25 November 2015 Today’s publication in Nature:
Yehezkel Sztainberg, Hong-mei Chen, John W. Swann, Shuang Hao, Bin Tang, Zhenyu Wu, Jianrong Tang, Ying-Wooi Wan, Zhandong Liu, Frank Rigo & Huda Y. Zoghbi (2015 November 25). Reversal of phenotypes in MECP2 duplication mice using genetic rescue or antisense oligonucleotides. Nature doi:10.1038/nature1615
Dr Zoghbi explains what they have accomplished in this video from the 401 project. Video created by Joseph Mendoza.
The article in Nature is what families have long been waiting and hoping for. It is extremely encouraging and suggests that the for some individuals that the symptoms of MECP2 Duplication Syndrome can be reversed, and for others the progress of the disorder can at least be arrested:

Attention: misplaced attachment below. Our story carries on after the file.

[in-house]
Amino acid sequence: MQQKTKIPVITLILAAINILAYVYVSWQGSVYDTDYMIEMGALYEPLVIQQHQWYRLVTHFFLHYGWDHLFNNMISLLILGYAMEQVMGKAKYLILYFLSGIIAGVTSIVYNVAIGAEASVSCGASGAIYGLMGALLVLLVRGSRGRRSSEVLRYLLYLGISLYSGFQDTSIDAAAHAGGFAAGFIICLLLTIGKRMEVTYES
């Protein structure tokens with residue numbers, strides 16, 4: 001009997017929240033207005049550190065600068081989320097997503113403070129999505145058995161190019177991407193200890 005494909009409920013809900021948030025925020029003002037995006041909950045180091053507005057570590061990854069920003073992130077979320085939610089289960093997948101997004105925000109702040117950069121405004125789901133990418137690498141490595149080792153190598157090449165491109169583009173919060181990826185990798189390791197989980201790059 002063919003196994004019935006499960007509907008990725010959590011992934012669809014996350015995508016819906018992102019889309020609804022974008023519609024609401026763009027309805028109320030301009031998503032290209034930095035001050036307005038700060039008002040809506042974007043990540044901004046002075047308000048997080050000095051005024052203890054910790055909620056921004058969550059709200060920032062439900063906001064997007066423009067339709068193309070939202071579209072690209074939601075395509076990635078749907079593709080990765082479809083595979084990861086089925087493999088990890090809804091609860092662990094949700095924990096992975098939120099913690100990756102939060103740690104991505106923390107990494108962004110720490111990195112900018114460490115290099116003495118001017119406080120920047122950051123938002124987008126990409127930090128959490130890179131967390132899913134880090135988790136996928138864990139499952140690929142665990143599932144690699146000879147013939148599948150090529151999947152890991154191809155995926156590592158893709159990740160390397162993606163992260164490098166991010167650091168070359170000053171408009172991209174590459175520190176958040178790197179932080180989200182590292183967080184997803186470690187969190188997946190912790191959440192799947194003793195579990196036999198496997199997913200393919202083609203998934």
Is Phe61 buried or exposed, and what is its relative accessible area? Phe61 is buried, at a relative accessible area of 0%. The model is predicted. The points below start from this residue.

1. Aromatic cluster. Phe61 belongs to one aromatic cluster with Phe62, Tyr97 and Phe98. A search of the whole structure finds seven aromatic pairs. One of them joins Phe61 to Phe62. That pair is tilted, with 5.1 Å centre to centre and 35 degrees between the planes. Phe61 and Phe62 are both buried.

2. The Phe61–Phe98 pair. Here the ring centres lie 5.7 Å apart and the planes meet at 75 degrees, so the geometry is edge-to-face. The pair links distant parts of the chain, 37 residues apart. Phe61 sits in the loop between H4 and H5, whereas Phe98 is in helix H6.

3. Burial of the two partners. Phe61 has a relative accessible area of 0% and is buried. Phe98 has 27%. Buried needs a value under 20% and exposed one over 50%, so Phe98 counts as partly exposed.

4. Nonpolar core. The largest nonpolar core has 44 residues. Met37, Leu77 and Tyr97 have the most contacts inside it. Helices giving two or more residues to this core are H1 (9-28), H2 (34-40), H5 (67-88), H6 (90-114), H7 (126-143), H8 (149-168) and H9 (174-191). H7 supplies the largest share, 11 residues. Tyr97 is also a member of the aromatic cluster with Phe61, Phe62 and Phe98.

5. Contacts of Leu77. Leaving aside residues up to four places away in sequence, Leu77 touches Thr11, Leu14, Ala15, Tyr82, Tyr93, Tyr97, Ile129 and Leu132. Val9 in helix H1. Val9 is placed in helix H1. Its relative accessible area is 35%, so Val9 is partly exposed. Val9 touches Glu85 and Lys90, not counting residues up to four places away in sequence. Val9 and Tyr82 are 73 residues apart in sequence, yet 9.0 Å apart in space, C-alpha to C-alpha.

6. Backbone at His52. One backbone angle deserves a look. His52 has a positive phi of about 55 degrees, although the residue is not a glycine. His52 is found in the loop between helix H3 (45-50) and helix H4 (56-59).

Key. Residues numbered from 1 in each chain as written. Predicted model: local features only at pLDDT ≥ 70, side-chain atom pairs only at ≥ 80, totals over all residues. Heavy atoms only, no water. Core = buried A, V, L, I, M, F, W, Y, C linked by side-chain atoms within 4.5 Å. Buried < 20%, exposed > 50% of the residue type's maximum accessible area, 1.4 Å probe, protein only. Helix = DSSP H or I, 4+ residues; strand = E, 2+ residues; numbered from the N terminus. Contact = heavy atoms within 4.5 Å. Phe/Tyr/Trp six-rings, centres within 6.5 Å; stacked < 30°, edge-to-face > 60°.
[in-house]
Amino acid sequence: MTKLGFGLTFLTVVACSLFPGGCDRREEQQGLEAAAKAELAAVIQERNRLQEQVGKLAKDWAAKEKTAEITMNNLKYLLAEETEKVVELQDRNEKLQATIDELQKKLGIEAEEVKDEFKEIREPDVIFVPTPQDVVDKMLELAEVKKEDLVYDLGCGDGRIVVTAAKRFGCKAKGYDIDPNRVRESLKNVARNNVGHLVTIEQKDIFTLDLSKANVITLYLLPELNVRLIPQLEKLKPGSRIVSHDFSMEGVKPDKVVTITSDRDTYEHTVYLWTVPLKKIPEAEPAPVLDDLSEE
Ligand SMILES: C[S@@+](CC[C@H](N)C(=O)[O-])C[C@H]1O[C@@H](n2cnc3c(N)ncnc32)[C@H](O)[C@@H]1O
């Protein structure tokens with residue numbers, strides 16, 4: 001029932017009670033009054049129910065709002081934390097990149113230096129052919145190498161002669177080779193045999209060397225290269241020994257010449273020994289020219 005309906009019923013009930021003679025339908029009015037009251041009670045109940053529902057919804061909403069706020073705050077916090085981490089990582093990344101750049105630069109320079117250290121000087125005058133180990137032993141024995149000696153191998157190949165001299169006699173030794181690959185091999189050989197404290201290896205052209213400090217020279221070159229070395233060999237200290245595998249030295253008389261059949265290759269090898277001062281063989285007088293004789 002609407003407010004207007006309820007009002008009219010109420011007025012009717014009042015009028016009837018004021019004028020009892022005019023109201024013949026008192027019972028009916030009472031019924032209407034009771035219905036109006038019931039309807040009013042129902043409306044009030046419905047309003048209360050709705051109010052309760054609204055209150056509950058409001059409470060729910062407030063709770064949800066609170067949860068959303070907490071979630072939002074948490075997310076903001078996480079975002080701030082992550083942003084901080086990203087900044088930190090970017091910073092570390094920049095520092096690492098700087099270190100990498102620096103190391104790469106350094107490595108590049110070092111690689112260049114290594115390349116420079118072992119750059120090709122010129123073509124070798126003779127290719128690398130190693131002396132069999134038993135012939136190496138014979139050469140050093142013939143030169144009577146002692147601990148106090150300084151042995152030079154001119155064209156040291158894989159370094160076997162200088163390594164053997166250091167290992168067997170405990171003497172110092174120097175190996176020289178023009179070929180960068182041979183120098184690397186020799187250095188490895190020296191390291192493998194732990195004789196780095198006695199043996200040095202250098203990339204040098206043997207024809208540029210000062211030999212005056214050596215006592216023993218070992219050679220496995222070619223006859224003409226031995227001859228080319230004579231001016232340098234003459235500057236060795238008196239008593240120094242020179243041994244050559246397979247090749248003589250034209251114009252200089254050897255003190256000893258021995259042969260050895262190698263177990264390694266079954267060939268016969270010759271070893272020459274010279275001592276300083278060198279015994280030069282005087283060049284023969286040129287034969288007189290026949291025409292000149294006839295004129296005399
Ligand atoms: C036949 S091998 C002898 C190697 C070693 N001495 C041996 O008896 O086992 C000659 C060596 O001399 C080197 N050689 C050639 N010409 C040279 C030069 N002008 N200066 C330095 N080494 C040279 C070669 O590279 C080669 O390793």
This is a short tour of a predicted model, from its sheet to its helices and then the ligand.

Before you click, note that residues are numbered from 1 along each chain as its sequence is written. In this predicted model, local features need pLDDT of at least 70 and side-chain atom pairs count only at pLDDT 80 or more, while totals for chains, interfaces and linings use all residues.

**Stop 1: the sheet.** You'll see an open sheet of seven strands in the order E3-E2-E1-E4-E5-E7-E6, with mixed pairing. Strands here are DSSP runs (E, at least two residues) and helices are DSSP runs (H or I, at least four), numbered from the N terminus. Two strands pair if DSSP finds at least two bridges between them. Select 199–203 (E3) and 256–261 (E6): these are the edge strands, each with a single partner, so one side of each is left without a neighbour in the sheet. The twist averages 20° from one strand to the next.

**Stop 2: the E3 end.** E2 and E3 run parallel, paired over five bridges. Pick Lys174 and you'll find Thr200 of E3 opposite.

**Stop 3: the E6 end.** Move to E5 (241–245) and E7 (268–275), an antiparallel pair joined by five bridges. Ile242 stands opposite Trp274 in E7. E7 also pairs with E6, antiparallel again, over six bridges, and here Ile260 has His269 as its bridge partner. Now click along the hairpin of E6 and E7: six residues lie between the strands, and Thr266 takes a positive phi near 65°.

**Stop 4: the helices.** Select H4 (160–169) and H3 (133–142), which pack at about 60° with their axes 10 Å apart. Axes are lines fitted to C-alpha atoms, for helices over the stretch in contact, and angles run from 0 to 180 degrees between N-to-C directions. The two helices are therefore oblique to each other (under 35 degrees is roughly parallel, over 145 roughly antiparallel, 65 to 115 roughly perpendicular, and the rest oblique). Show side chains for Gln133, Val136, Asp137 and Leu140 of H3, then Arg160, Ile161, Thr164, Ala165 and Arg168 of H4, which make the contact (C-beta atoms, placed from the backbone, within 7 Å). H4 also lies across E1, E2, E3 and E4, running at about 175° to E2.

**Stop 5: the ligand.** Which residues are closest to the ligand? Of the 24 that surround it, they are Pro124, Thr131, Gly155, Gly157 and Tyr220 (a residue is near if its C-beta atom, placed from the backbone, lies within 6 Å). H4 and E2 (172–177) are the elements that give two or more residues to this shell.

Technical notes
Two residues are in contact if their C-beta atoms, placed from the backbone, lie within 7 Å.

indicating that, at least in some cases, the neuroanatomy may remain sufficiently intact so that correction of the molecular dysfunction underlying these disorders can restore healthy physiology.
We find that antisense oligonucleotide treatment induces a broad phenotypic rescue in adult symptomatic transgenic MECP2
duplication mice (MECP2-TG) 19, 20, and corrected MECP2levels in lymphoblastoid cells from MECP2 duplication patients in a dose-dependent manner.
The finding that ASO treatment rescues the MECP2 duplication-like phenotypes to a similar extent as the genetic rescue provides a proof-of-concept about the value of this approach. To move this closer to translation, further studies will have to test different ASO dosages and establish the safety margin of MeCP2 levels, using a mouse model that exclusively expresses two human MECP2 alleles. Additionally, we will screen thousands of MECP2 ASOs for off-target effects.
While it is important to remember that reversing the syndrome does not mean that all the effects of the syndrome can be eliminated in every individual, this is incredibly positive news for everyone affected.
Thanks to the researchers and all those who have supported this research, and will help move this toward helping affected individuals.